When it comes to hunting, owning a knife is literally an essential, we can’t leave home without it! Here we have put together 6 tips to keep in mind when purchasing a hunting knife, so we can get down to business and get out into nature as soon as possible.
- The first question we have to ask ourselves would be; What is the purpose of this knife, and what functions do we want our knives to perform? If one is looking for a knife that will perform a specific task well, for instance, skinning a dear, or cutting branches around your secret hunting stand, in these cases searching for a specialty knife would be the way to go. Specialty knives are more suitable for those types of actions. Contrary to if you buy a specialty knife to use as a multipurpose tool for back country camping, (not hunting) it probably won’t perform many tasks that you need it too. By choosing a design best suited for the tasks the knife is intended to handle, we optimize our options.
- Bigger does not always mean better, in the world of knives, if hunting, a knife with a larger blade can be rendered obsolete compared to other options. When this is realized, the size of the knife chosen will come down to being practical and personal preference. If one needs a knife for skinning an animal on the smaller side, they will want something of a smaller size, lightweight (Synthetics are great lightweight knives) and pocket-sized. If hunting a larger animal, elk for instance, something bigger and sturdier will be necessary for quartering the animal and packing it out. its simple really, larger animal equals a larger, tougher knife, whilst a smaller animal only needs a small pocket sized knife, durability is key for both
- Hunting knives have one of two types of blades, a fixed blade or a folding blade. Fixed-blade knives are stronger and more useful when involved with heavy-duty type work because blade material itself runs through the handle. They’re easier to clean than folding knives and more sturdy and reliable because they don’t have any parts that move. Folding knives aren’t as durable as fixed blades but allow convenience to the owner because they easily can be carried in a pocket and are great knives for everyday uses. Mechanisms on many allow convenient one-handed opening. They are, however, more difficult to clean because the blade channel collects blood, tissue, etc. which tends to get a bit messy.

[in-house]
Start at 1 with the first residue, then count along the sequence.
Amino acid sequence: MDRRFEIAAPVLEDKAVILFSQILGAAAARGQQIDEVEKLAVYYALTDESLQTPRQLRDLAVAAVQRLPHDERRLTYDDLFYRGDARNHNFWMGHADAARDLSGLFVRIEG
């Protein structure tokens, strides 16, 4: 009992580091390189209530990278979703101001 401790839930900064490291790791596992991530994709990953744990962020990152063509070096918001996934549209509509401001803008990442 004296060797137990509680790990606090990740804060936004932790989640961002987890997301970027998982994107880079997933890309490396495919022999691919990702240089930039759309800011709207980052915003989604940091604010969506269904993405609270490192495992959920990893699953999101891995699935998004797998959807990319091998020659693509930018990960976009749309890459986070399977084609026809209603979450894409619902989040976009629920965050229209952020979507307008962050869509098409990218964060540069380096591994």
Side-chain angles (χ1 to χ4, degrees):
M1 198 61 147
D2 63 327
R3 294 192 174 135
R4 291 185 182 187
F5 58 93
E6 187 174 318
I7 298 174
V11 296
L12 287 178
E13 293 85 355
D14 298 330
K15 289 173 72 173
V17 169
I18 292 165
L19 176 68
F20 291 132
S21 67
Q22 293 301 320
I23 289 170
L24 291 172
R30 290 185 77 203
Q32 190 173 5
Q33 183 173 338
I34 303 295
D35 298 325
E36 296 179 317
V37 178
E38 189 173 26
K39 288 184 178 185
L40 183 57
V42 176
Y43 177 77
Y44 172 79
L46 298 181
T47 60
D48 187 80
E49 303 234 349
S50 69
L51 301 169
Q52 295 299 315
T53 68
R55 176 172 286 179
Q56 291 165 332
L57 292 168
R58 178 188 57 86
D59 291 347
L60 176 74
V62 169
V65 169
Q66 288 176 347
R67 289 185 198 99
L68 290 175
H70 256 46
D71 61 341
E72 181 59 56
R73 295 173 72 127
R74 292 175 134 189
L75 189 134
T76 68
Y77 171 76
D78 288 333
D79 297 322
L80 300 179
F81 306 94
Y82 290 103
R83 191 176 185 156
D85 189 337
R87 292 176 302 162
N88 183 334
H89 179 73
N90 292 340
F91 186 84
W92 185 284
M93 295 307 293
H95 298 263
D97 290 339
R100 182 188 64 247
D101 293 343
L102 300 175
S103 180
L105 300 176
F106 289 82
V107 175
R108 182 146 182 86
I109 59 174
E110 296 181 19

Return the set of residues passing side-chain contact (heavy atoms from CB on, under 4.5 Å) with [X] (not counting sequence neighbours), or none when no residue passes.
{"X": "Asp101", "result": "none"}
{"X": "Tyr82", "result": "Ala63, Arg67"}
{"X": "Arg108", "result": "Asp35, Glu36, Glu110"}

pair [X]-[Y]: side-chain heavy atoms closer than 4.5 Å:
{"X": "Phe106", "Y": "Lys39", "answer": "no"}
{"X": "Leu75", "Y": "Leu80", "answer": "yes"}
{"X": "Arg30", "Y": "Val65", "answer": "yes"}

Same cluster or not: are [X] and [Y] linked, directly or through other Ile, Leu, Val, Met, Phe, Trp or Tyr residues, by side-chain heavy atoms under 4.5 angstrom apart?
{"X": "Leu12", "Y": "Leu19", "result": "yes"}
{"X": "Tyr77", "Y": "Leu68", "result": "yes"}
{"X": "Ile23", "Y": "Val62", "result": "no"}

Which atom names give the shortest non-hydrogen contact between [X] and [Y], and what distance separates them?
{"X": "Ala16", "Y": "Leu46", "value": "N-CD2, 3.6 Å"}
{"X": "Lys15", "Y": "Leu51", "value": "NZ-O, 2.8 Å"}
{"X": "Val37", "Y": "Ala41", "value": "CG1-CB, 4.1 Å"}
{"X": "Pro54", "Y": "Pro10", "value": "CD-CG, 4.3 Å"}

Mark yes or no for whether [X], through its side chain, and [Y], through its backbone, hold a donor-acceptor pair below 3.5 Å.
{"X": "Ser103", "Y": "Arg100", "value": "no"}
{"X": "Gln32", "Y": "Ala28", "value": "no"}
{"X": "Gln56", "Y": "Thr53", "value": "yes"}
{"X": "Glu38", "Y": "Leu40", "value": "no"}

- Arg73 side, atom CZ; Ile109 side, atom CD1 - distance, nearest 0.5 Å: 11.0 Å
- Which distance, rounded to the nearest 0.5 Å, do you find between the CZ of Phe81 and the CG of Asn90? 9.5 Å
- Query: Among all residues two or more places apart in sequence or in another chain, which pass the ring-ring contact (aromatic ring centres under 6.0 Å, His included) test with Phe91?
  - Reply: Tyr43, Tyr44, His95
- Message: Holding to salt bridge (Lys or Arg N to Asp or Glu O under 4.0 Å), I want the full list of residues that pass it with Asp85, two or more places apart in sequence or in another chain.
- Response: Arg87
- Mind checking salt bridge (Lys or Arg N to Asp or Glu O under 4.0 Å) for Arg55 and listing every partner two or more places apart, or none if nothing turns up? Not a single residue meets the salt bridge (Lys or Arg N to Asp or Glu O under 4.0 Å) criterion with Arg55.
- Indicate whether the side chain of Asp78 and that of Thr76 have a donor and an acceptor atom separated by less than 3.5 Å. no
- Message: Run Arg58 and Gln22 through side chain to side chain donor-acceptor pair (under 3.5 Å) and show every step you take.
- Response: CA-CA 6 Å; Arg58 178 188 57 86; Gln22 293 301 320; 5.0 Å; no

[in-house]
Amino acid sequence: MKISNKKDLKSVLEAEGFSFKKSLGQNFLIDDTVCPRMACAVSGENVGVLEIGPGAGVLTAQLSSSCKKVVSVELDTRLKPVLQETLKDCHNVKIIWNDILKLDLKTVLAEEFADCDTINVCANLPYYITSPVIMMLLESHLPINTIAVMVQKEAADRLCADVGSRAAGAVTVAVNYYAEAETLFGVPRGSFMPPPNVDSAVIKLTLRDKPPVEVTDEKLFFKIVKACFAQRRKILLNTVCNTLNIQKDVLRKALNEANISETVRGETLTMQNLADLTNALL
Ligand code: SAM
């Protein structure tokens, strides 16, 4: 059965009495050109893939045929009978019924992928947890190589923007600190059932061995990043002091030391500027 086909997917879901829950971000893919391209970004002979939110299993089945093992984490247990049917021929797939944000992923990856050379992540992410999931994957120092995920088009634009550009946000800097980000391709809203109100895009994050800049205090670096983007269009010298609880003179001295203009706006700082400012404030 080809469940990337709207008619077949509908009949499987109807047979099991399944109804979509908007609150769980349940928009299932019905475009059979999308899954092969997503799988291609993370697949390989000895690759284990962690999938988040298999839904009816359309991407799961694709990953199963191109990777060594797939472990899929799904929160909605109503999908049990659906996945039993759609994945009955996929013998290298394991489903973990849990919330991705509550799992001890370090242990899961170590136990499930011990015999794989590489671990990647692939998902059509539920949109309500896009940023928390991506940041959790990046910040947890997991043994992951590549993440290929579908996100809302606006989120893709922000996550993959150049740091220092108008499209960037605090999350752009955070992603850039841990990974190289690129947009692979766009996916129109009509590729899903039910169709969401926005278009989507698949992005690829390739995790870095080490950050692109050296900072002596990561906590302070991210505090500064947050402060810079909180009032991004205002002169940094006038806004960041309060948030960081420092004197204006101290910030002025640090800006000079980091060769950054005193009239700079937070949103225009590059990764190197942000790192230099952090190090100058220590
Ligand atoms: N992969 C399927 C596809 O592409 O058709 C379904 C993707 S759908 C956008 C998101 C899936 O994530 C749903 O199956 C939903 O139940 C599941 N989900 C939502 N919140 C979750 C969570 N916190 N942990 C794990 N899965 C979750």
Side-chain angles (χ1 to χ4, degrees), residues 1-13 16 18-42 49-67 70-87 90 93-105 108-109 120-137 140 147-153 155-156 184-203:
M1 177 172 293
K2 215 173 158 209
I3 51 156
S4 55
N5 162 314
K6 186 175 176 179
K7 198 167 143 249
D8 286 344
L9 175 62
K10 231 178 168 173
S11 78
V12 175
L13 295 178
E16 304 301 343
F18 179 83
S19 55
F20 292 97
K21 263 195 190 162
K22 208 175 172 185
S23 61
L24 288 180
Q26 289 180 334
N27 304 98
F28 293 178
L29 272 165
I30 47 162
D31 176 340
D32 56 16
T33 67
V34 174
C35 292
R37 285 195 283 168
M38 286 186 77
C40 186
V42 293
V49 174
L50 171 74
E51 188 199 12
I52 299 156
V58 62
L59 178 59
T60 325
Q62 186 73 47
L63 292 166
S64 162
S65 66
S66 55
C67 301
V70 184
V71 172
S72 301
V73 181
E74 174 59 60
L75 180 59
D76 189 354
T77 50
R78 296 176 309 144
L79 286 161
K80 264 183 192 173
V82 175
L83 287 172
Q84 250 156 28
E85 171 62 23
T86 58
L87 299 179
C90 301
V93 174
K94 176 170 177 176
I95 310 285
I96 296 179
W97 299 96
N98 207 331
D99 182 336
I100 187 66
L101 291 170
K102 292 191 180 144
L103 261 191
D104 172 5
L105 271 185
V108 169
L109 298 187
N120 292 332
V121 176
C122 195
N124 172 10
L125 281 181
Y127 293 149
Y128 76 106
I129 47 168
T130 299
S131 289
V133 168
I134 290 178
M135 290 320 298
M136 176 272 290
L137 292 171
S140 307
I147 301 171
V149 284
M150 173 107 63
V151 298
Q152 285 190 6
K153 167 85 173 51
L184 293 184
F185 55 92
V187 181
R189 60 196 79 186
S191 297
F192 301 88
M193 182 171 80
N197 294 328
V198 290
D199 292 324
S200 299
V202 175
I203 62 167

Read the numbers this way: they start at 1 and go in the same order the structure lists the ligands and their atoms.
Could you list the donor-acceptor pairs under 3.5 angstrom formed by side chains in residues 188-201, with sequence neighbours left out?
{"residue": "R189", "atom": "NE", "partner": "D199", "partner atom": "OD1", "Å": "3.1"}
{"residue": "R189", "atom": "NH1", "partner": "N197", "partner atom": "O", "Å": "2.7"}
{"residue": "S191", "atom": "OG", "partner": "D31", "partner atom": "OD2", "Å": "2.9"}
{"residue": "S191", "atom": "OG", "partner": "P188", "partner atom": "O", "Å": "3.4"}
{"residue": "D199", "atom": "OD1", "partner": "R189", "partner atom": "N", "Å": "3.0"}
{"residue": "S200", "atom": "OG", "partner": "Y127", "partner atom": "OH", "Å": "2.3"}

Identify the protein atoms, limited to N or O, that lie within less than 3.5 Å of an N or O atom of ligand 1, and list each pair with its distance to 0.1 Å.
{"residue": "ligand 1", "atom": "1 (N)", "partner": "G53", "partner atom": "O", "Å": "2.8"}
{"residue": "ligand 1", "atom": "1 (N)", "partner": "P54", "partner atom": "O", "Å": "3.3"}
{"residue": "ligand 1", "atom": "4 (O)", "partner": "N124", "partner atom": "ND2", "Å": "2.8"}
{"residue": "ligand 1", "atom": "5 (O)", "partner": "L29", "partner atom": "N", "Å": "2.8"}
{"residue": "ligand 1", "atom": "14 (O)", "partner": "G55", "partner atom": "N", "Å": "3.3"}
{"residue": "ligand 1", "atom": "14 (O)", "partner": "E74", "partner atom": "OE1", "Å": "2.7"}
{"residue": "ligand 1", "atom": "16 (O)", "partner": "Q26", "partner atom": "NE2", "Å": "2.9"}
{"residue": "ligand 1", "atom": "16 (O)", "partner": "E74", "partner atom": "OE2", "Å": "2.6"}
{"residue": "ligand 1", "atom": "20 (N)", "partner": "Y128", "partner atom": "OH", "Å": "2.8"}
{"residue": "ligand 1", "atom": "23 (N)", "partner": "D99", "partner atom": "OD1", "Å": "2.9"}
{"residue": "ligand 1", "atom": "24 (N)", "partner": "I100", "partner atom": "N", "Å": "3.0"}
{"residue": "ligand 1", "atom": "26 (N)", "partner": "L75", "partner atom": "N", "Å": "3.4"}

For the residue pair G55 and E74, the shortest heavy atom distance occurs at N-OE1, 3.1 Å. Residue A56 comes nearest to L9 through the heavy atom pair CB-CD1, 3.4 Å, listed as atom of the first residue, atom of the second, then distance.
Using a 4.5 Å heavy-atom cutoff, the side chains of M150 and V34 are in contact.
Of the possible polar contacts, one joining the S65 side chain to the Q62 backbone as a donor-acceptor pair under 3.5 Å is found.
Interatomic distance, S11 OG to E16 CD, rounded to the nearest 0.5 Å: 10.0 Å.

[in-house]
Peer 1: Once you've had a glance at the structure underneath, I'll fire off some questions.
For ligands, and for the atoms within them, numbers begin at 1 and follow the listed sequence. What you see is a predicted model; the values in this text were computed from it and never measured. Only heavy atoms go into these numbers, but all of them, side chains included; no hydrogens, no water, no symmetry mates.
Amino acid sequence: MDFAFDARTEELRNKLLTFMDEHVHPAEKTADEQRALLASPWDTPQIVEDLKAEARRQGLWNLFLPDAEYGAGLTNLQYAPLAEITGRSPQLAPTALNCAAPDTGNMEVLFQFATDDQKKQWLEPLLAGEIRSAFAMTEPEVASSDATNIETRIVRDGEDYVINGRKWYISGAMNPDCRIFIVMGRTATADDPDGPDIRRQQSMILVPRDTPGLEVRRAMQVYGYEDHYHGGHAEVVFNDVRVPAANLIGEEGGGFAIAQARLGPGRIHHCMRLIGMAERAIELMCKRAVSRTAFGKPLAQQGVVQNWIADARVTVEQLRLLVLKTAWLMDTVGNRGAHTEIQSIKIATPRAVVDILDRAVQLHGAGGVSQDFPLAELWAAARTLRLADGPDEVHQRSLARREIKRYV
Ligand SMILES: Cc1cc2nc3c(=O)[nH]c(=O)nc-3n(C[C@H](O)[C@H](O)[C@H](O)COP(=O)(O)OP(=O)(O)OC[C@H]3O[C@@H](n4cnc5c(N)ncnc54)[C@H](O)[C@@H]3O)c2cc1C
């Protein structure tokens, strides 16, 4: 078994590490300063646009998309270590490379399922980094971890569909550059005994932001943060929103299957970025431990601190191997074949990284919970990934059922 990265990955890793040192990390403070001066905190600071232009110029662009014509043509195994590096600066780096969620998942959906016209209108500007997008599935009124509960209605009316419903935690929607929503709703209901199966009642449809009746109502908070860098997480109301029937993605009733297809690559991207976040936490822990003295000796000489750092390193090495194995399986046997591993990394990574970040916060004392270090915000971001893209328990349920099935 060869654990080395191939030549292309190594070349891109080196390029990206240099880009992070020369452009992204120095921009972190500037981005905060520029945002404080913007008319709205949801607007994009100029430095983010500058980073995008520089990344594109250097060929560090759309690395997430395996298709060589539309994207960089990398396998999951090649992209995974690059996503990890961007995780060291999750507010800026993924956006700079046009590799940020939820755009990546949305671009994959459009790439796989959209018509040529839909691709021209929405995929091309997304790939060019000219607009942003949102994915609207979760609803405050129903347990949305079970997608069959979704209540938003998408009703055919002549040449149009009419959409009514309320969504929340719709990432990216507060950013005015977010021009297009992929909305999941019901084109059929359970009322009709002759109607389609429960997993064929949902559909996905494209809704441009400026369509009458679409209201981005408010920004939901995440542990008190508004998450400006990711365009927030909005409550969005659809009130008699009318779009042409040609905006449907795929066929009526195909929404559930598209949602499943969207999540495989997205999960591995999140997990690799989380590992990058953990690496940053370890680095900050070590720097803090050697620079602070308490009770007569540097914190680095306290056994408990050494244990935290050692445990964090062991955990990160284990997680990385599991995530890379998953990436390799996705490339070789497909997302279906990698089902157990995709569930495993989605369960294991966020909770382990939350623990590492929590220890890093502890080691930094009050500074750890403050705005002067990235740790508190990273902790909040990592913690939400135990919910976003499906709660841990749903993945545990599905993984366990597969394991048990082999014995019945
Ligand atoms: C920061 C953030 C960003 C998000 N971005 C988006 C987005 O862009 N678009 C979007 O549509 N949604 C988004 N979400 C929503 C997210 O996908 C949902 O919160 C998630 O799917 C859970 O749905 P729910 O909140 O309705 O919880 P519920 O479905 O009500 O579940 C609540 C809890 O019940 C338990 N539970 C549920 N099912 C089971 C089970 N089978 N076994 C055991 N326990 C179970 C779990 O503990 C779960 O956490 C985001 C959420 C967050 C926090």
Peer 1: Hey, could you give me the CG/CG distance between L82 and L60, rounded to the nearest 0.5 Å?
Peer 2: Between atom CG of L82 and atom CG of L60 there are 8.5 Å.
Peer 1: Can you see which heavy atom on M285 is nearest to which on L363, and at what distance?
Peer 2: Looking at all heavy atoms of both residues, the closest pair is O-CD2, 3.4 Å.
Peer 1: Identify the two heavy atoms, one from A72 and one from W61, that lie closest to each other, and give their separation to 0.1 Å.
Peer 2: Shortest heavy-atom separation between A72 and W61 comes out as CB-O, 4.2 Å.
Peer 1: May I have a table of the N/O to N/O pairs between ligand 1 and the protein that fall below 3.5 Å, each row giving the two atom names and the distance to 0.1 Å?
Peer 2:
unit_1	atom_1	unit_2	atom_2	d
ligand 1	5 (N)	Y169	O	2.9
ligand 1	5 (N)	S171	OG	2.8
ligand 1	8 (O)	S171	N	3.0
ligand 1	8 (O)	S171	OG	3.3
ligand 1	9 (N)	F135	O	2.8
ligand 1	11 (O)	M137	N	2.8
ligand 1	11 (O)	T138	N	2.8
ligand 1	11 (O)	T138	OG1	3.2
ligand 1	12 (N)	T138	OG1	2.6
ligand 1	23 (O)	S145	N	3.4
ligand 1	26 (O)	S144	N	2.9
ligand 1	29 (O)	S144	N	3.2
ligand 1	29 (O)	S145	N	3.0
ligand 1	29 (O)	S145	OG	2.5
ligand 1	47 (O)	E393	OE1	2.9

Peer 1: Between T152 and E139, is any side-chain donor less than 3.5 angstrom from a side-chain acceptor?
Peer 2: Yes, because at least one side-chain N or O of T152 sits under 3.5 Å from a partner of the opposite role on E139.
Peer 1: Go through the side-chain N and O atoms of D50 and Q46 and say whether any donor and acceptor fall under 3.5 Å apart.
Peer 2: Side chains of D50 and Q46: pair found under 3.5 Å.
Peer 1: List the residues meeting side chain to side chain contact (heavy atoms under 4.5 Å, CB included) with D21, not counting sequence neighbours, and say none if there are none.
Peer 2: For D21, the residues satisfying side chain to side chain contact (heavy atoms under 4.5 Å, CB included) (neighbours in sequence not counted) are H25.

- Hunting knives have three main blade designs: drop-point, clip-point and skinning. For big-game hunting, consider a drop point, which features a thick, curved blade stronger than other types. It’s excellent for skinning animals because we can use the entire edge, not just the point. In a pinch, a drop-point also can be used instead of a saw or hatchet for splitting ribs and pelvis bones.The clip-point blade is thinner, flatter and has a more defined point than the drop-point. It can be used for the same tasks but is less efficient for skinning, splitting and gutting. However, the clip-point knife is a good choice for hunters who plan to use the knife for purposes other than just hunting. Skinning knives are designed specifically for skinning medium to large game. The highly sweeping blade is made to effortlessly separate flesh from skin. Also, a good skinner can do most other game-cleaning chores, as well as clip-point and drop-point designs. Some knives come with interchangeable blades, allowing the user to swap one blade for another when different blade types are needed for particular tasks.
- The type of steel used in the blade is another important consideration. This determines how well a knife will sharpen along with how well it will hold its edge after sharpening and how well it will hold up to years of use. The best blade materials exhibit high edge retention, toughness, corrosion resistance and wear resistance. The following types are among the best for hunting knives: • S30V: This high-end, high-vanadium steel offers an exceptional combination of toughness, wear resistance and rust resistance. S30V blades are a little hard to sharpen but retain an edge much better than most blades made with other materials. • 154CM: This high-carbon stainless steel has a high-wear resistance, and its hardness allows it to retain an edge very well. It is one of the more brittle stainless steels, however, and in general works best on smaller blades. • VG-10: This high-wear stainless steel is in the same class as 154CM but offers superior corrosion resistance and extended edge retention. • 420HC: This medium-carbon stainless steel is extremely corrosion resistant but has a lower hardness than the other types, making it much easier to sharpen. Edge stability is in the mid-range.
- Wood, leather and bone handles are very functional and often more aesthetically pleasing, but these materials lack durability and can be difficult to grip firmly when wet with blood or water. Synthetic materials such as Zytel, Kraton and ABS, which offer a good combination of sure grip and economy, are excellent options. Synthetics are also lightweight and virtually unbreakable.
For safety’s sake, the handle of a hunting knife should also have a finger stop, contour, or other guard at the junction of the handle and blade that stops the user’s hand from sliding forward on the blade. When it comes to purchasing a hunting knife, utilization is key to the perfect hunting trip! Happy hunting!